Grow a Garden Salad with These 13 Vegetables You Can Plant in Early Spring

updated Jul 17, 2020
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Charred carrots. Warm, roasted potatoes. Juicy, delicious sugar snap peas. In the dead of winter, the joy of cooking up some of these comfortable favorites may be the light at the end of the tunnel we all need, but don’t sit in that dreamland too long, because before you know it, it will be time to ready your garden for vegetables to plant in spring. And with direct sow vegetables that are so inexpensive (usually just under $3), even beginners can grow vegetables without much to lose.

What are cool season vegetables?

Cool season vegetables are the first ones to be planted in the calendar year. Depending on the vegetable and your zone’s growing season, they might also be planted again in the fall. Cool season vegetables can withstand (and even thrive in) cooler temperatures, and they need to be harvested before the summer heat hits, as some cannot live in hot temperatures. Examples include lettuce, cabbage, kale, turnips, Brussels sprouts.

Warm season vegetables can’t survive in cold temperatures, so they are planted safely after the last frost date. These are your summer vegetables such as tomatoes, beans, the squash family, melons and peppers.

“They have totally different physical needs—cool season and warm season crops. It has to do with the plant’s ability to absorb nutrients from the soil in the right or wrong temperatures,” says Ben Flanner, co-founder and CEO of Brooklyn Grange, a rooftop farming and green roofing business in NYC that grows over 80,000 pounds of produce each year (on urban rooftops!).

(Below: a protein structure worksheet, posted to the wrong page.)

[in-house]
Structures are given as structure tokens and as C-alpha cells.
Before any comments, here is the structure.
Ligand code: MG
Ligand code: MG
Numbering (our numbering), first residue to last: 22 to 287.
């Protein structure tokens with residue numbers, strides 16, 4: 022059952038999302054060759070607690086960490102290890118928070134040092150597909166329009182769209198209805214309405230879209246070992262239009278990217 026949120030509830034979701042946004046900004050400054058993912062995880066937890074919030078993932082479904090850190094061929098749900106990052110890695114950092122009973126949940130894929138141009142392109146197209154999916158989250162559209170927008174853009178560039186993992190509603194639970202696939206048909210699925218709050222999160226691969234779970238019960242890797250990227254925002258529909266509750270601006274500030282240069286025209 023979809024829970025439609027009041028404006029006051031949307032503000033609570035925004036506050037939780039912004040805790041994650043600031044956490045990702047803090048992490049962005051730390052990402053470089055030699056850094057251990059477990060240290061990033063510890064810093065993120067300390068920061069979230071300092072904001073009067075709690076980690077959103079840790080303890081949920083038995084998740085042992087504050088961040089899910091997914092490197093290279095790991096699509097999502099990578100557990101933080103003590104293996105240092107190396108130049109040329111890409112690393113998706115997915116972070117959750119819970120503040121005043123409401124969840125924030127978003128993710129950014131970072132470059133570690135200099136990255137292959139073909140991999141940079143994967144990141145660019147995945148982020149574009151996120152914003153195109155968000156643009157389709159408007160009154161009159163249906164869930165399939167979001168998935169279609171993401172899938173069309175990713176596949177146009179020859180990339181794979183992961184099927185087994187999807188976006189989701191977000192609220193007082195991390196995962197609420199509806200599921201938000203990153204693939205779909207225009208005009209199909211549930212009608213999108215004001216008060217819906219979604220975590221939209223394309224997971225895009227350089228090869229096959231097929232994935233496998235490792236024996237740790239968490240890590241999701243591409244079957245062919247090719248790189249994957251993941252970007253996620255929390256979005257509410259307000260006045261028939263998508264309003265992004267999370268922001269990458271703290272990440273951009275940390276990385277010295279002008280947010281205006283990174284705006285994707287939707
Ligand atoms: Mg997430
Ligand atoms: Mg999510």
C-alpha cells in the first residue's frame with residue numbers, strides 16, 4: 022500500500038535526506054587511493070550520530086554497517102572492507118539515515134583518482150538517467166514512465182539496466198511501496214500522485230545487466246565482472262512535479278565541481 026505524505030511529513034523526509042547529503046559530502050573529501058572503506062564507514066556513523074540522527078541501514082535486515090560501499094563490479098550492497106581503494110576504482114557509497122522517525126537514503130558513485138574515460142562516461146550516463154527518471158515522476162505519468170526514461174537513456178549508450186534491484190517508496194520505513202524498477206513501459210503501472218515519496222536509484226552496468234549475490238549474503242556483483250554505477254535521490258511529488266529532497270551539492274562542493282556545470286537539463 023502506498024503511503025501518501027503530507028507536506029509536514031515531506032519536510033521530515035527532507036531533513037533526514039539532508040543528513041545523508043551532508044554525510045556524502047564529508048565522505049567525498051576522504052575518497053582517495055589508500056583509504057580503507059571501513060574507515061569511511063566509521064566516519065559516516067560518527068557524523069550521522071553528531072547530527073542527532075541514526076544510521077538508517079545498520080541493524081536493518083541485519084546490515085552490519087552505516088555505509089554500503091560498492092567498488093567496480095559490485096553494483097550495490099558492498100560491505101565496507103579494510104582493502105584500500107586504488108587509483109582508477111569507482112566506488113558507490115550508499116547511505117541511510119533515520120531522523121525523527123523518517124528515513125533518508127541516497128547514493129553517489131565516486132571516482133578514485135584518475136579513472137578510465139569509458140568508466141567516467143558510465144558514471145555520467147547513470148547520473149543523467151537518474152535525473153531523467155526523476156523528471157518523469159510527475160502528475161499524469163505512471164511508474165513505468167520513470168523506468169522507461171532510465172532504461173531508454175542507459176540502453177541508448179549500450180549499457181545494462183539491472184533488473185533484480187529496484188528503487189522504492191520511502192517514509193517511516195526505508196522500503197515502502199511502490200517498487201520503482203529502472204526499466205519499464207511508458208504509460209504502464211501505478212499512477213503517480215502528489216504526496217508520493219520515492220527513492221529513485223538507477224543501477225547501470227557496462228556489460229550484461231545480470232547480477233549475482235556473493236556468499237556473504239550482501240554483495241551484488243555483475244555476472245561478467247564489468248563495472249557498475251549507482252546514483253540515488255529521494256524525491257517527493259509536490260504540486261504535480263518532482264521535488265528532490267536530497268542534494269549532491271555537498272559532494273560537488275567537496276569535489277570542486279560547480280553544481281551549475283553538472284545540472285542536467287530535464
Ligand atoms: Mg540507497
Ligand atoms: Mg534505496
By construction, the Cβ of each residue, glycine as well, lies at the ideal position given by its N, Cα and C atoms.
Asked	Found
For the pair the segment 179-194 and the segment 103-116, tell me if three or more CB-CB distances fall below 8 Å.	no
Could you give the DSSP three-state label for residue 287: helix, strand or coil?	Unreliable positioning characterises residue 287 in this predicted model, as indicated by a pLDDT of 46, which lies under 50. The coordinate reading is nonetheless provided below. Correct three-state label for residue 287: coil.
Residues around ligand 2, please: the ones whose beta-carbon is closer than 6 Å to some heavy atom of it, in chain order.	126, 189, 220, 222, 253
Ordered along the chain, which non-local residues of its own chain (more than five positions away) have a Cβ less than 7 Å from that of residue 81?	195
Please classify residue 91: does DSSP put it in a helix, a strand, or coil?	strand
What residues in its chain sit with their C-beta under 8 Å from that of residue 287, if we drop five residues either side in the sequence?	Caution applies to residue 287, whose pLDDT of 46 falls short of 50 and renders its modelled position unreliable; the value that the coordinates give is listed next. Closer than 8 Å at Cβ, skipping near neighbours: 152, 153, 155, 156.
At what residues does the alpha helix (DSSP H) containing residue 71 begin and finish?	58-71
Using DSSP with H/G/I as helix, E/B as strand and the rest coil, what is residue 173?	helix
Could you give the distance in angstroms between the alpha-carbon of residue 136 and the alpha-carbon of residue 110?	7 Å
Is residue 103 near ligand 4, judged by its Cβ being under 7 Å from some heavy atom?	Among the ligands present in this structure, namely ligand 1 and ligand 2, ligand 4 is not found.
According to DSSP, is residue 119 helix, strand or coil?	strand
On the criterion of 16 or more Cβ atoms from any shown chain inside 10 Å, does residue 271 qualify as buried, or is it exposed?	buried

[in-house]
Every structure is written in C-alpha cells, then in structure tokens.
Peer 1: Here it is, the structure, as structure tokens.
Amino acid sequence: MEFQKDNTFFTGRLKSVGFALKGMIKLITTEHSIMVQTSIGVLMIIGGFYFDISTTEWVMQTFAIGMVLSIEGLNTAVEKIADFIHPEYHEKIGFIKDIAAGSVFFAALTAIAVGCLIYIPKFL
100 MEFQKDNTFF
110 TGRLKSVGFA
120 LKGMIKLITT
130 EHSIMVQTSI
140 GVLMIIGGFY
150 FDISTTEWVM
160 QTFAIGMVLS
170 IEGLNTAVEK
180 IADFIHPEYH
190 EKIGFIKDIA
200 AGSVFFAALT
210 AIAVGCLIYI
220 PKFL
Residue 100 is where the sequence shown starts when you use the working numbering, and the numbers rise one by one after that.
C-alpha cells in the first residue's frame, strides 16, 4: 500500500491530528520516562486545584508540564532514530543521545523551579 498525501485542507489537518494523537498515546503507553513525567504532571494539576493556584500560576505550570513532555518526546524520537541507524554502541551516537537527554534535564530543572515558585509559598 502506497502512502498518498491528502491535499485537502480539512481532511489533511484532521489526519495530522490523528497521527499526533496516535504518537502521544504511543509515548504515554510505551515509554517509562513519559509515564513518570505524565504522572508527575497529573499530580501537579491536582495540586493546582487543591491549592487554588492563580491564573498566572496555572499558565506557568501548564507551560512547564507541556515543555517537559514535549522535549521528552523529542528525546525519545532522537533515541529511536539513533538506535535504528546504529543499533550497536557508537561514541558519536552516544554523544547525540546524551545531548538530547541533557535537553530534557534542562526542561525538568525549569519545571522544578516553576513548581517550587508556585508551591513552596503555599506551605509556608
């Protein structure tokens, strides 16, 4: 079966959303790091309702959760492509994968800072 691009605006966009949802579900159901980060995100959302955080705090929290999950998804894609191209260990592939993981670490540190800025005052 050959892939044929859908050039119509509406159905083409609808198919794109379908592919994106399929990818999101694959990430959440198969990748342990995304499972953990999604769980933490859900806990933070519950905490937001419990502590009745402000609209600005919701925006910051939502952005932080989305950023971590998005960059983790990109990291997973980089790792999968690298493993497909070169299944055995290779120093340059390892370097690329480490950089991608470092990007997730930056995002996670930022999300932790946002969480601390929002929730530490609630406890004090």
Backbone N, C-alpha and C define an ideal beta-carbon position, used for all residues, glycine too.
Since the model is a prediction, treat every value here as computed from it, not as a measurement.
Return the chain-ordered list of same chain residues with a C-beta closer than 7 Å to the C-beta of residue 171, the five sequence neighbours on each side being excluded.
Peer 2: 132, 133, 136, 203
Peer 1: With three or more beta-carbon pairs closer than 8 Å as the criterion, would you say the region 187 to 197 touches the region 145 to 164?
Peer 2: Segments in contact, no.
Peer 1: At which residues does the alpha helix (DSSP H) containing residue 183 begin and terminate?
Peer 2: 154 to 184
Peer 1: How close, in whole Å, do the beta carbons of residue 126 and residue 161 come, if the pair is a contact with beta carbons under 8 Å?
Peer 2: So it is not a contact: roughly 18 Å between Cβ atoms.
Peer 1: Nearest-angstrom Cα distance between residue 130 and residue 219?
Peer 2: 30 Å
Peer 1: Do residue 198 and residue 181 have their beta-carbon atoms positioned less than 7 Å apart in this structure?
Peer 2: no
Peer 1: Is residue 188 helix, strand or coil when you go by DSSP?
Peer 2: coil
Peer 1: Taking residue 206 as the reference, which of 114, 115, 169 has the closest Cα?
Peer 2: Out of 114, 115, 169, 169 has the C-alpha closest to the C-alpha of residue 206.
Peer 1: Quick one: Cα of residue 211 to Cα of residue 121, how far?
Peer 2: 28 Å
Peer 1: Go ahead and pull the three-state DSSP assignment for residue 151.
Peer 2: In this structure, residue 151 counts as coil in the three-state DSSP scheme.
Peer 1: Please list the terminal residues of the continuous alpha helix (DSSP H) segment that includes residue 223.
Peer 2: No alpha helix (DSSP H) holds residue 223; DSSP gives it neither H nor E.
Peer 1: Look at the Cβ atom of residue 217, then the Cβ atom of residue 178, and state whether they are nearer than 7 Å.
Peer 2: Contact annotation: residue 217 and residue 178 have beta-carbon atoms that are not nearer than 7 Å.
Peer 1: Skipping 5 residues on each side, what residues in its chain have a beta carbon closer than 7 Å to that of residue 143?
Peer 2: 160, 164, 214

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When does early spring start?

Knowing when to plant your early spring vegetables is not an exact science, and it involves a little bit of well-calculated risk. The first day of spring in 2020 is March 19, but that doesn’t really help here. You’ll need to know your hardiness zone and when the last frost date is in order to really be able to determine when “early spring” starts for your area.

The USDA Plant Hardiness Zone is a map that breaks down areas by temperature. It’s based on the average minimum winter temperature of the area and there is a 10 degree F difference for each zone. If you’re an avid gardener, you’re probably well aware of your zone, but if you’re not, you can enter your zip code in the top left corner of the website and it will tell you. For example, Atlanta is in Zone 8a. Los Angeles is in Zone 10b. The higher the zone number, the warmer the average minimum temperature.

Once you know your zone, you can find the last frost date for that particular area. The last frost date is usually when the last light freeze hits the area (29-32 degree F). Most cool season vegetables usually won’t be harmed by that last light freeze. Warm season vegetables won’t survive it, though. They’ll need to be planted well after the last light freeze.

The Farmer’s Almanac even has a Planting Calendar where you can put in your zip code and they’ll tell you exactly what to plant and when.

But what if you follow all the guidelines and then a heavy frost comes through? “I think that’s something that intimidates a lot of people about planting vegetables. They’re scared they’re going to kill their plants,” says Josie Connell, Deputy Park Manager at The Battery Conservancy, a non-profit organization that manages The Battery and in turn, Battery Urban Farm, an educational farm in New York City enjoyed by over 5,000 students across the city, as well as many residents and visitors. “It can be worth the risk just to try. If they don’t make it, you can plant them again,” she adds.